With climate change as environmental problem number one, the nuclear industry has proclaimed itself as part of the solution and is starting to enjoy a reputation as a green power provider after decades of bad press.
As a result, political support for nuclear energy is reaching at all time high – the US government is offering the nuclear industry $18.5 billion in loan guarantees and billions more in production tax credits and both US presidential candidates have voiced their support for nuclear power as a means of meeting climate goals. Meanwhile, across the Atlantic, Britain is bracing itself for a revival of the nuclear industry now that EDF and British Energy have agreed a deal whereby France will help the UK develop a new generation of nuclear power stations.
But as the ‘nuclear renaissance’ comes to fruition, many are starting to question whether nuclear energy is a feasible part of the solution to global warming.
Several studies have queried the low-carbon credentials of the nuclear industry, an issue that Kurt Kleiner explores over on Nature Reports Climate Change. While it’s understood that an operating nuclear power plant has near-zero carbon emissions, it’s the other steps involved in the provision of nuclear energy that can increase its carbon footprint.
Critics claim that other technologies would reduce anthropogenic carbon emissions more drastically, and more cost effectively, but the nuclear industry and many independent analysts respond that the numbers show otherwise, writes Kleiner.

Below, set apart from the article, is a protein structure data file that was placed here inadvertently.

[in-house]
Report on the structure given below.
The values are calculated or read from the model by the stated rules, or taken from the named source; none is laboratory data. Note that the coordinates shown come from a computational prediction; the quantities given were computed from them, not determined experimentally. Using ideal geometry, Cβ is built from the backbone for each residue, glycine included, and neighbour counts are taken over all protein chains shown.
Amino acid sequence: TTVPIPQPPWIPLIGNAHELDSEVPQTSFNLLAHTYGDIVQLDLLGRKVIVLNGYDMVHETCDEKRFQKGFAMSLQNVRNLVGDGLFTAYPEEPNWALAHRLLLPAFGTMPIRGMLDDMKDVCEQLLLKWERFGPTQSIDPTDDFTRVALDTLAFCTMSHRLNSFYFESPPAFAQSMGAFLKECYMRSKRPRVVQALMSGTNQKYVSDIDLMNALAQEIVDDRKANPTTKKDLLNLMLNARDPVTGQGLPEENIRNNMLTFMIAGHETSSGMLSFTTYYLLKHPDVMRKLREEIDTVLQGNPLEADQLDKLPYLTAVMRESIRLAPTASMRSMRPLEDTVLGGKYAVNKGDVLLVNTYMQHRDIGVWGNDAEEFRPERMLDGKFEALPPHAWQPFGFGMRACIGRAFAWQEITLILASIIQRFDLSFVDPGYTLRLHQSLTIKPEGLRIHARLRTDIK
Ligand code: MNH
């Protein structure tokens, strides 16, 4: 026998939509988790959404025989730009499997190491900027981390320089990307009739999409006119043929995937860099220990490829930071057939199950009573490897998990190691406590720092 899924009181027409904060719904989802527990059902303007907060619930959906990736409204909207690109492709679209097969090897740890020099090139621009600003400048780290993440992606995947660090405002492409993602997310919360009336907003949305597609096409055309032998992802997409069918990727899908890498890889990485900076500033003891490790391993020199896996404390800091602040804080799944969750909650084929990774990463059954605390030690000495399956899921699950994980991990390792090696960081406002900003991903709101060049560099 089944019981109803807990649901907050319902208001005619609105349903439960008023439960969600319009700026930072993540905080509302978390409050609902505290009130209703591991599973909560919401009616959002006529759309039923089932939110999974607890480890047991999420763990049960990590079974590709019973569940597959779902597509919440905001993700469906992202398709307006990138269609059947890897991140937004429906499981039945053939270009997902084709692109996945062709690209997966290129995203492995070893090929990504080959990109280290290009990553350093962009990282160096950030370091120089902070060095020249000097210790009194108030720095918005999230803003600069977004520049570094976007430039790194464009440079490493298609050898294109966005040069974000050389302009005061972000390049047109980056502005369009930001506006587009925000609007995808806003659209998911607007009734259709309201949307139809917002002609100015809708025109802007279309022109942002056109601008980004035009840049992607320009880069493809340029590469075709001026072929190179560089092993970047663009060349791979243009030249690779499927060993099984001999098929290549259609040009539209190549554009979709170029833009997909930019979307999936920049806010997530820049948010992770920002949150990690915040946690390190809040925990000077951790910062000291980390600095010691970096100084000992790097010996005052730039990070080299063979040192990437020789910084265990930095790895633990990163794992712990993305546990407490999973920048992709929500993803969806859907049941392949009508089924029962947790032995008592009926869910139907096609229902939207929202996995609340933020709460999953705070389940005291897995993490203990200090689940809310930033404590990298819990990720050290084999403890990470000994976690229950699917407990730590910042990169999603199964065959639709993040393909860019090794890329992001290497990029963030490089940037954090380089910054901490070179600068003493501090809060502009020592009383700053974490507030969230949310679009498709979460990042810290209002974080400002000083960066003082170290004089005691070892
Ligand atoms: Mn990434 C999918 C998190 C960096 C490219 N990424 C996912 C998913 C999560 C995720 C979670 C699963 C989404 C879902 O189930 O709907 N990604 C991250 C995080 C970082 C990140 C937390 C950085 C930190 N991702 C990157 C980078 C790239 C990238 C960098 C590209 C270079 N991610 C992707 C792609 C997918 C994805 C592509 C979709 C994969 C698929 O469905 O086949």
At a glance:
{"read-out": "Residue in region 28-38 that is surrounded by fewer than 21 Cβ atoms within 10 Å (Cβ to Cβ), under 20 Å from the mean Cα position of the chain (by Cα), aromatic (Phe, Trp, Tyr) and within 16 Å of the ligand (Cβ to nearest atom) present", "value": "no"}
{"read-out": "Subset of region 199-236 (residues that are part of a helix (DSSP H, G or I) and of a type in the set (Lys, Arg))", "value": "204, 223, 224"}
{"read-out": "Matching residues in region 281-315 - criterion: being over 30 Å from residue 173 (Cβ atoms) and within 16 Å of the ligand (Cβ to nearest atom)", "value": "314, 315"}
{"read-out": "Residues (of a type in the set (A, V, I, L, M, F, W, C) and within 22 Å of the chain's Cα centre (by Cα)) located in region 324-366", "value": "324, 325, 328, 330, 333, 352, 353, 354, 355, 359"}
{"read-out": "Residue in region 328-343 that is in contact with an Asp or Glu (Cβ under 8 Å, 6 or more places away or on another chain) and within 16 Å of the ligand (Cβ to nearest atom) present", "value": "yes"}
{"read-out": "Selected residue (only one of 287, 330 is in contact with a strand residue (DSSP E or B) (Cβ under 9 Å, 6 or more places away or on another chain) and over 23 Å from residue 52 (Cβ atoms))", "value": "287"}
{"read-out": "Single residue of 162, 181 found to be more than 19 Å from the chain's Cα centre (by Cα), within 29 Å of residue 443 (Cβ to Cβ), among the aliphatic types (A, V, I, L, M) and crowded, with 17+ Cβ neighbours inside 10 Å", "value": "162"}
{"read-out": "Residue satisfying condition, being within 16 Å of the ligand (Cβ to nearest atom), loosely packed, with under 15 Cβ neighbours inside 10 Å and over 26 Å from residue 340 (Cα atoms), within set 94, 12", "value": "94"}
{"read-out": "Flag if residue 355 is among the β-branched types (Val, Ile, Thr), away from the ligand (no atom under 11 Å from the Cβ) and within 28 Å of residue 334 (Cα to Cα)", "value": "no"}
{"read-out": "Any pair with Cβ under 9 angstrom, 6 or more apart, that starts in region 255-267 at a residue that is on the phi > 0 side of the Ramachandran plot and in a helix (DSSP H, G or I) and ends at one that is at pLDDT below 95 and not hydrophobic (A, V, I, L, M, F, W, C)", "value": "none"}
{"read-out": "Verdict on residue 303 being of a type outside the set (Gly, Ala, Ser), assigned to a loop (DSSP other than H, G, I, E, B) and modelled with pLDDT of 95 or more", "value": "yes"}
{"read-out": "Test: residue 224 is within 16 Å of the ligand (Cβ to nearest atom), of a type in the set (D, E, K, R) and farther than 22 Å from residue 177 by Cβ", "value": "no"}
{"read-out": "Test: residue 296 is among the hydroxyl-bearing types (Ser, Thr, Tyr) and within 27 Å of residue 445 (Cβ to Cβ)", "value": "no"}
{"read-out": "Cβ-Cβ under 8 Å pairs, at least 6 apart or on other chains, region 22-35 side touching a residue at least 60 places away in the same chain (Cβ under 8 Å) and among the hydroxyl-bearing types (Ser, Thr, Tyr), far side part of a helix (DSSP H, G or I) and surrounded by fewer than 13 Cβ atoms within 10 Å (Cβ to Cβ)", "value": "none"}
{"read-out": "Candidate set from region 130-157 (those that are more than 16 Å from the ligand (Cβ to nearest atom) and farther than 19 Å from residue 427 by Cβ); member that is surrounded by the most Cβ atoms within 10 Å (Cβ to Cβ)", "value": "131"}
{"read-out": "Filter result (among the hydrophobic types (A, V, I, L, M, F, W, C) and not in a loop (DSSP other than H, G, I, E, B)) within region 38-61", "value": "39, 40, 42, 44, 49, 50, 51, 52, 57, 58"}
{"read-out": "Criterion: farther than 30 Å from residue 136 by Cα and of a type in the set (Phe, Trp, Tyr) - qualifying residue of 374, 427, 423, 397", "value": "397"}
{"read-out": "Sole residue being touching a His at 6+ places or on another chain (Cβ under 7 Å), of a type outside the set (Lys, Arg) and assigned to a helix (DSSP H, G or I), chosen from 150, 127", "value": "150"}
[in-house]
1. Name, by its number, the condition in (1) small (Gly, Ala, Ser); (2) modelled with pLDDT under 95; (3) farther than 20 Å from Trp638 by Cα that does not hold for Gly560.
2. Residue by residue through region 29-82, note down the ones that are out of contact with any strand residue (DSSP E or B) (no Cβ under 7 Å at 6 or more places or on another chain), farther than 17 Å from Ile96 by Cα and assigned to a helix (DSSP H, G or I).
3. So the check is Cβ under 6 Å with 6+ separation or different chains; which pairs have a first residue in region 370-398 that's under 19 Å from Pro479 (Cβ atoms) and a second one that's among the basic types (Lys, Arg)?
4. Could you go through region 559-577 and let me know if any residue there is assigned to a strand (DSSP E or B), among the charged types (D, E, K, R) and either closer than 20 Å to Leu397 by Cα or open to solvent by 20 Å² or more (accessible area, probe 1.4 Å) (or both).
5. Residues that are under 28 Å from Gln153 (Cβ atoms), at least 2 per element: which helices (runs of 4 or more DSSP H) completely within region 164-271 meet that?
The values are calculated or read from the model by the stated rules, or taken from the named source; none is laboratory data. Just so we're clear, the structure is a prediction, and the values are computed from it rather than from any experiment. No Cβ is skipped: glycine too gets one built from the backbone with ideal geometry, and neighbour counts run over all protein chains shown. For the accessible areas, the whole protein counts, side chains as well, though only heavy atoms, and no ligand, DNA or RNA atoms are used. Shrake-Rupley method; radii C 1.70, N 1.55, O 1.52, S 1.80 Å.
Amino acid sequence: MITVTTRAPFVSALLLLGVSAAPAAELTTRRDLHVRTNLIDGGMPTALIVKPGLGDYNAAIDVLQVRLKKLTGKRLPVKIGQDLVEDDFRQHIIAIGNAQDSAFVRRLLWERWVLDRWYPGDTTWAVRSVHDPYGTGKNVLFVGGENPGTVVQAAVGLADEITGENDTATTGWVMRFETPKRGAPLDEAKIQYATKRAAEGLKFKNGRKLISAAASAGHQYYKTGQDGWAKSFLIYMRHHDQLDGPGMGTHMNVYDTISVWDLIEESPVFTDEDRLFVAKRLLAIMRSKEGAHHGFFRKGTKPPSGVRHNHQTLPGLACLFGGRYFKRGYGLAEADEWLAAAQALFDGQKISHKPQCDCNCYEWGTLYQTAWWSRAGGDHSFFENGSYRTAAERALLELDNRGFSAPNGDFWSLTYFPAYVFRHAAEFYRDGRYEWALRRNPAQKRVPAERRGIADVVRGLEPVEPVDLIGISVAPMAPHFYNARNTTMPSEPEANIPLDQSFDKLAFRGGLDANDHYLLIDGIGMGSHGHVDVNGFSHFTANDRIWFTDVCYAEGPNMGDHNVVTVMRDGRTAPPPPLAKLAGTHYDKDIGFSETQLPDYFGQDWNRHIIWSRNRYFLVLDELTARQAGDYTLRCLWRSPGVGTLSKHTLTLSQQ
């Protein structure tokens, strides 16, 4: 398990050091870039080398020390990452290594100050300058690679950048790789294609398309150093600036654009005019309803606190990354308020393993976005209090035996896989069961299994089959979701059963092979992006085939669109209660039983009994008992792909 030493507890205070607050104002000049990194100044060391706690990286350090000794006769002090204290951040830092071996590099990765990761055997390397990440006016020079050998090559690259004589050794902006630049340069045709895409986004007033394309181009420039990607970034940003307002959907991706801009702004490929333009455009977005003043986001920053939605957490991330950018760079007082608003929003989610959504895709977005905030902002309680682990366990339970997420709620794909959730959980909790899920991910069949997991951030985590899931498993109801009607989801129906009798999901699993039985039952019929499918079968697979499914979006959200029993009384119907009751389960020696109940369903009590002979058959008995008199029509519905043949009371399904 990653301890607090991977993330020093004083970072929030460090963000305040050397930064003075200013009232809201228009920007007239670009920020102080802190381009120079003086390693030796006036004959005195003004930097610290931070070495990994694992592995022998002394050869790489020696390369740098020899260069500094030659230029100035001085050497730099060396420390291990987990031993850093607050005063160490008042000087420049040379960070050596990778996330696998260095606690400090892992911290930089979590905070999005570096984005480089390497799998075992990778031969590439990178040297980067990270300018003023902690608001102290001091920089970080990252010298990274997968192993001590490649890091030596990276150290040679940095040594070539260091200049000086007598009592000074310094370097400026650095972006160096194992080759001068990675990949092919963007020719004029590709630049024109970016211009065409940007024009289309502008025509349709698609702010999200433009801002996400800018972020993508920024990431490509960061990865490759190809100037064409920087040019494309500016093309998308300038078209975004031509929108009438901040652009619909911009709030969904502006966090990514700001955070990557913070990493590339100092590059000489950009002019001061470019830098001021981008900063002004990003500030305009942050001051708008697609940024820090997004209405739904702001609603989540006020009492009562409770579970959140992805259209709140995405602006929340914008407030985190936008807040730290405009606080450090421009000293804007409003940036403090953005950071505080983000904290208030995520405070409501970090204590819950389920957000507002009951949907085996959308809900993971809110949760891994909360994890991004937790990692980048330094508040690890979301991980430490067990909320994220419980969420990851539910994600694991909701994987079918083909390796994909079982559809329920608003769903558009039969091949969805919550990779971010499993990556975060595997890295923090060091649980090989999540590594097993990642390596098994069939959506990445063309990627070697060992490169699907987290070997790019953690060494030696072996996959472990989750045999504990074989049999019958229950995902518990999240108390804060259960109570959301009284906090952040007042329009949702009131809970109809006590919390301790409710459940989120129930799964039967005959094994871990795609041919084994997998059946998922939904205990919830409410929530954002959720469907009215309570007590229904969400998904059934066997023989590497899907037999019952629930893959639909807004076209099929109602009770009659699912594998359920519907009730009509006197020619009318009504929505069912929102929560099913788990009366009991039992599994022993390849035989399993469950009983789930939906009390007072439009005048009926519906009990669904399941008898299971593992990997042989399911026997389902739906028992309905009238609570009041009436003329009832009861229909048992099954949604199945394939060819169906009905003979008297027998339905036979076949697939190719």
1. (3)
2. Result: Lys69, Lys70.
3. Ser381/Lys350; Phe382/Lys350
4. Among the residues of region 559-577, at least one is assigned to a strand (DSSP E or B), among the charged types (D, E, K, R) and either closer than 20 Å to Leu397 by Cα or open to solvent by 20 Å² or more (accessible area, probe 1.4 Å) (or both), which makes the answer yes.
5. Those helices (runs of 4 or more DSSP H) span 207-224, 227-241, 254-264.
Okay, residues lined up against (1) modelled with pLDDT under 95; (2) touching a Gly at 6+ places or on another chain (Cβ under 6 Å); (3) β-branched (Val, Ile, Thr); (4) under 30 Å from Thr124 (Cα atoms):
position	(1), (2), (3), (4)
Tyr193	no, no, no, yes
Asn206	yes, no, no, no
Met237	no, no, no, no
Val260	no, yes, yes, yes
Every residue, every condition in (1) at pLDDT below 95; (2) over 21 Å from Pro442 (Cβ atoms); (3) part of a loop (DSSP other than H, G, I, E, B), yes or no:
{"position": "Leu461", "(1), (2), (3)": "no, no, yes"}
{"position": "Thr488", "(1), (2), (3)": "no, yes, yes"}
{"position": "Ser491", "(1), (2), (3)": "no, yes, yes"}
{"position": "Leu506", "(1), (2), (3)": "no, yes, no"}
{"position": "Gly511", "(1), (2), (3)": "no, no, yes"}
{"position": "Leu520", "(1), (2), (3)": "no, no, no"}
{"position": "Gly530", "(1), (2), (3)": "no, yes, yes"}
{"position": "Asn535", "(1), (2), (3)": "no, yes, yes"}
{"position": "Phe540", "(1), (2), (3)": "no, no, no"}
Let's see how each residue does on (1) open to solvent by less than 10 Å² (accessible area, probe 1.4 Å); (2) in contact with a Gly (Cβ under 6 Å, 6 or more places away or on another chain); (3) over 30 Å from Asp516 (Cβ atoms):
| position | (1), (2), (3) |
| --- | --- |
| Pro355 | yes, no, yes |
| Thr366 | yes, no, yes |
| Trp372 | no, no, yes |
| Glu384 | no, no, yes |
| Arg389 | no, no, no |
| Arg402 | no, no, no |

“The fact is, there’s no such thing as a carbon-free lunch for any energy source”, says Jim Riccio, a nuclear policy analyst for Greenpeace in Washington DC. But “for every dollar you spend on nuclear, you could have saved five or six times as much carbon with efficiency, or wind farms”, concludes Benjamin Sovacool, author of a recent study in Energy Policy on the lifetime emissions of nuclear power plants.
And as Oliver Morton pointed out here last week, even if nuclear does the job of reducing emissions from the generating sector, if the rest of the economy keeps growing and burning fossil fuels in cars and heating systems and factories, the overall reduction of emissions will be pitiful.
Then there’s issue of time to deployment, as flagged up recently by Matthew Wald in the New York Times. Wald writes:
Even its boosters say nuclear power is not a short-term solution. In July, for example, Exelon, the nation’s largest nuclear operator and one of its largest electric companies, promised to cut greenhouse gas emissions from its own operations and from smokestacks of its suppliers by 15 million tons a year by 2020. It drew a chart showing how much it could save through efficiency improvements and by switching to natural gas from coal. Strikingly, it omitted from the list any savings from a new nuclear plant, because Exelon did not think it could finish a new plant by 2020.
But if not nuclear, then what? Writing on Nature Reports Climate Change, Arjun Makhijani, author of Carbon-Free and Nuclear-Free: A Roadmap for US Energy Policy, argues against nuclear energy as an alternative to coal fired power plants, instead proposing an integrated distributed smart grid that relies on a variety of renewable energy technologies and tailors the shape of demand closer to the availability of supply. He writes:
Relying mainly on large power plants in a centralized grid today is the electrical equivalent of depending on punch cards and mainframe computers — clunky, costly, risky, inefficient and unnecessary. The age of laptops and the Internet offers the opportunity of solving the climate crisis by moving to a world of smart, secure, distributed, efficient and fully renewable grids. For the sake of environmental health, global security and the economy, we should seize the moment and get it done.
Makhijani’s proposal sounds ideal, but how long until we get there and would renewables alone really meet our energy demands?
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